Putting Your Engine in Reverse


For most companies, the thought of taking a product back has historically been negative—almost something to be ignored in the hopes that "it will go away."

Moving boxes in for stock and out for shipments has been a way of life for as long as I can remember (and I’ve been in the business for more than 40 years). Being efficient and effective at that was what determined the long-term profitability of companies selling and shipping goods to customers.

But a few years ago, while walking through a customer’s warehouse, I asked the owner what "that cage in the corner" was. He told me it was his "annual profit"— all of the returns that that his team had stacked up for months in hopes that someday they’d have time to properly catalog and deal with them. The fact that months’ worth of returned goods was wasting away in the corner put the company at risk.

I recently asked Victoria Brown of IDC about the industry’s perception of returns. Her answer was revealing. The focus is still on getting the outbound delivery right. Companies find it daunting enough that Amazon has set customer expectations to one-day, two-day, or same-day delivery. Returns don’t even make their top 10 issues list.

However, statistics show that with the onset of "free" returns, 30 percent of all online orders bounce back within the first 30 days after shipment (PostalVision 2020). Think of that in terms of running a warehouse operation. You have to staff for 130 percent of your typical capacity to handle the volume of goods you’re shipping and the shipments coming back to you.

Furthermore, many come back without proper labeling, packaging, or returns authorization to assist your team in knowing what to do with them. Hence the "cage in the corner".

Your gearshift has both a D and R. It’s time to get serious about how your logistics machine can work more effectively in reverse. Some might think the same processes used to receive shipments from suppliers should work for returns. Not so much. Inbound receipts have a level of discipline in their packaging that assures proper handling when they hit the dock. This is not so with most returns.

So, what constitutes an effective reverse logistics process? The first step is to establish your goals for returns:

  • How many returns do you have the ability to simply redirect back to the supplier? If significant, what process to effectively crossdock those goods exists or can exist within your operation?
  • What facility do you have to refurbish, repackage, and restock goods for resale within your standard selling activities?
  • For goods that can’t be "returned to vendor," what facility do you have to redistribute or auction the goods off to the public or to flash sale sites?
  • What is an acceptable write-off rate for goods that can’t be RTVed, restocked, or redistributed?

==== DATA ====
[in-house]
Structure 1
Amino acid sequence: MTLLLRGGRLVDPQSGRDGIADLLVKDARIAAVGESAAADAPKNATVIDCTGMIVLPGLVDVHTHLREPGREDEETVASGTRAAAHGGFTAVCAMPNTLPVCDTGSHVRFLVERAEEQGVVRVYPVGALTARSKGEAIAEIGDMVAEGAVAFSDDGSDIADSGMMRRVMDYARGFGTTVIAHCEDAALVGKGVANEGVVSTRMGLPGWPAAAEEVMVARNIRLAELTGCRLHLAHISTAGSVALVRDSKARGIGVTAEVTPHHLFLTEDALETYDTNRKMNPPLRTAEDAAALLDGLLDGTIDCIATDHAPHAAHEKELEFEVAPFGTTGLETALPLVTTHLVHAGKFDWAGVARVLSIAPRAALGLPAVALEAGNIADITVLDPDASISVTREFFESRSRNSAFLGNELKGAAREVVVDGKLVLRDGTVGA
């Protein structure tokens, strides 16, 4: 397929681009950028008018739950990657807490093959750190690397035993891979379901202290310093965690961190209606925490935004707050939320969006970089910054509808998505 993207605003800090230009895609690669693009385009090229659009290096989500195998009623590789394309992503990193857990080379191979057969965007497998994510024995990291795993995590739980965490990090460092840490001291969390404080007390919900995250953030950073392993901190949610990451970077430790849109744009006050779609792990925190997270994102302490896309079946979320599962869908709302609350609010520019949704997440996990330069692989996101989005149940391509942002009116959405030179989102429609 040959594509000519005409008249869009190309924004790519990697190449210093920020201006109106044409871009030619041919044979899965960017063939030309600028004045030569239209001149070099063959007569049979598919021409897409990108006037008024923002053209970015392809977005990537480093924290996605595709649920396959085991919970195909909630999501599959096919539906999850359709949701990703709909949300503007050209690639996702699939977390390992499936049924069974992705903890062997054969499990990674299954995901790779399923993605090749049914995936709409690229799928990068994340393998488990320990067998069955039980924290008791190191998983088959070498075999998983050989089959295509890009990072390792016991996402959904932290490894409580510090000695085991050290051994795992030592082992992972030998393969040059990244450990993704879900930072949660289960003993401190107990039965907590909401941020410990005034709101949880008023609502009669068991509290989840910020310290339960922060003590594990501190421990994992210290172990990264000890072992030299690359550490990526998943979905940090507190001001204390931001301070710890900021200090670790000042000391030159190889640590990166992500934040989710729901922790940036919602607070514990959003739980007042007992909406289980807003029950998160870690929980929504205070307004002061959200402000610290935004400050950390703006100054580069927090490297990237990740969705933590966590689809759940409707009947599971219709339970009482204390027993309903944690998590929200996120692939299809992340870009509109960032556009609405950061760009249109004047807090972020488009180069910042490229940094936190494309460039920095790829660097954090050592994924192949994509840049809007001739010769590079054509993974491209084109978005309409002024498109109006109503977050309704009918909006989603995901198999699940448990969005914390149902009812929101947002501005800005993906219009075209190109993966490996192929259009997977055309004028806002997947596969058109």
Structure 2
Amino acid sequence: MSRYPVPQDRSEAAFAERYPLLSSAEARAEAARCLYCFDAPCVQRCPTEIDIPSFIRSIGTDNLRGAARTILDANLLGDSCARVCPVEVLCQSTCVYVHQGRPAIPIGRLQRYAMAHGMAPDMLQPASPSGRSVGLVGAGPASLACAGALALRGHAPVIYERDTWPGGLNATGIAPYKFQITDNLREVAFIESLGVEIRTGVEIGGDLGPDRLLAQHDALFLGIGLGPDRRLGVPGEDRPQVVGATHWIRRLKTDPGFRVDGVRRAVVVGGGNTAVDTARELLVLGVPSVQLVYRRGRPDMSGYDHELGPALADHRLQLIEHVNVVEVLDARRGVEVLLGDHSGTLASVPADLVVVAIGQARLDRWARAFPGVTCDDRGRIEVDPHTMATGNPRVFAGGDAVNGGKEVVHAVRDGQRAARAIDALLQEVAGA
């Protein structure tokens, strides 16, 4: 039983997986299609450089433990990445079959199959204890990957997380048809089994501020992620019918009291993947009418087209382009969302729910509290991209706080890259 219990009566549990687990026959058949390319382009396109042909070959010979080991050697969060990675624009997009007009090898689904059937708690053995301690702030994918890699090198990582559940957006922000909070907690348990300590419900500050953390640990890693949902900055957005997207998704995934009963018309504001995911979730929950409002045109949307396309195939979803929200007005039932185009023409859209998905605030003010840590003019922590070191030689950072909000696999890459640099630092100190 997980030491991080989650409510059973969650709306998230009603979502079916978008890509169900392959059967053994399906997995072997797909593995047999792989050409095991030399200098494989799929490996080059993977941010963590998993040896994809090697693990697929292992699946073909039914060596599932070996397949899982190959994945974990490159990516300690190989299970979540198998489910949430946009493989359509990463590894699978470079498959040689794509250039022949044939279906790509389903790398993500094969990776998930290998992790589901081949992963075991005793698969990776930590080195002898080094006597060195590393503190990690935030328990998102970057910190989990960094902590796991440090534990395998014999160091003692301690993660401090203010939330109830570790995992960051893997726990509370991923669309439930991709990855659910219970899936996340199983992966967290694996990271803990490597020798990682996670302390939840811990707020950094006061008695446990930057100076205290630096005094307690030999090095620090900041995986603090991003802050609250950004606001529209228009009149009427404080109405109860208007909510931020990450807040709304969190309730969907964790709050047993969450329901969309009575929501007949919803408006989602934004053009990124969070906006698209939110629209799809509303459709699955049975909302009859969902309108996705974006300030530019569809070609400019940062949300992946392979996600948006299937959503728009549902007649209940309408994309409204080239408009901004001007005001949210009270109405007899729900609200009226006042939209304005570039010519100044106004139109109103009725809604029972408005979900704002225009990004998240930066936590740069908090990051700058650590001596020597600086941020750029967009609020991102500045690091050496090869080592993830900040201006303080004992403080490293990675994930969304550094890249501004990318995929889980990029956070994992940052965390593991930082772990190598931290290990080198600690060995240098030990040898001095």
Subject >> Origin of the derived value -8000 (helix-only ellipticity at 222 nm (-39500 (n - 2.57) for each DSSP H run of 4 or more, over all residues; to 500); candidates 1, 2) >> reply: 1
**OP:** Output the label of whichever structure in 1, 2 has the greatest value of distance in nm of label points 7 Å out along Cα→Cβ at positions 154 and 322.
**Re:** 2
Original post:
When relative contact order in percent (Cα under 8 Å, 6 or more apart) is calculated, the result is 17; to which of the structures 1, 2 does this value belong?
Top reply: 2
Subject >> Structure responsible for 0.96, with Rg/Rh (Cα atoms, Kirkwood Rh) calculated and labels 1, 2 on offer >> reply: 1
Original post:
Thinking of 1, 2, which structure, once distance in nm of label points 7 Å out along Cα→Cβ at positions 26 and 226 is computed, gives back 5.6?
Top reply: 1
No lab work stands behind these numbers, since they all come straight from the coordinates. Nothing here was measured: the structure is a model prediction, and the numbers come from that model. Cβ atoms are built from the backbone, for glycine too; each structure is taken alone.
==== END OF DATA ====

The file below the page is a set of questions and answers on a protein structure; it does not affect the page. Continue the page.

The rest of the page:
Once you have a definition of "success", you can craft a set of processes and procedures that eliminate the "cage in the corner" and close the profitability hole an ineffective reverse logistics process causes. Remember, handling returns poorly not only affects customer satisfaction, it also leaves unrecoverable costs, excess inventory, and wasted space utilization of physical assets.

Considering the answers to the above questions, an effective reverse logistics program should consist of these steps:

  1. Authorize returns. Advance knowledge of an inbound shipment will allow better labor management and more effective dealing with the disposition of the return.
  2. Receive goods. An Advanced Ship Notice gives you a head start on properly receiving goods from your supplier. A Return Merchandise Authorization does the same for returns.
  3. Grade merchandise. Unlike standard receiving, you need an effective process to grade inbound returns to determine disposition.
  4. Track goods. No more "cage in the corner." Store returns by disposition to provide global visibility into the returned inventory.
  5. Refurbishment. Whether you refurbish yourself or send goods out to be refurbished, have a process and a tracking mechanism. Otherwise, you’ve simply established another "cage in the corner."
  6. Sales/auction. Establish a mechanism, internally or through thir parties, to sell off goods you can’t restock as new.
  7. Redistribute. Recognize that in many cases, you can’t intermingle returned goods with new merchandise in your warehouse or 3PL. Establish the process and tools to manage redistribution effectively.

Putting your business in reverse doesn’t mean taking a step backwards. It affirms the growing reality that effectively managing returns spells new revenue opportunities, improved profitability and better customer service—all necessary in today’s emerging, customer-driven commerce world.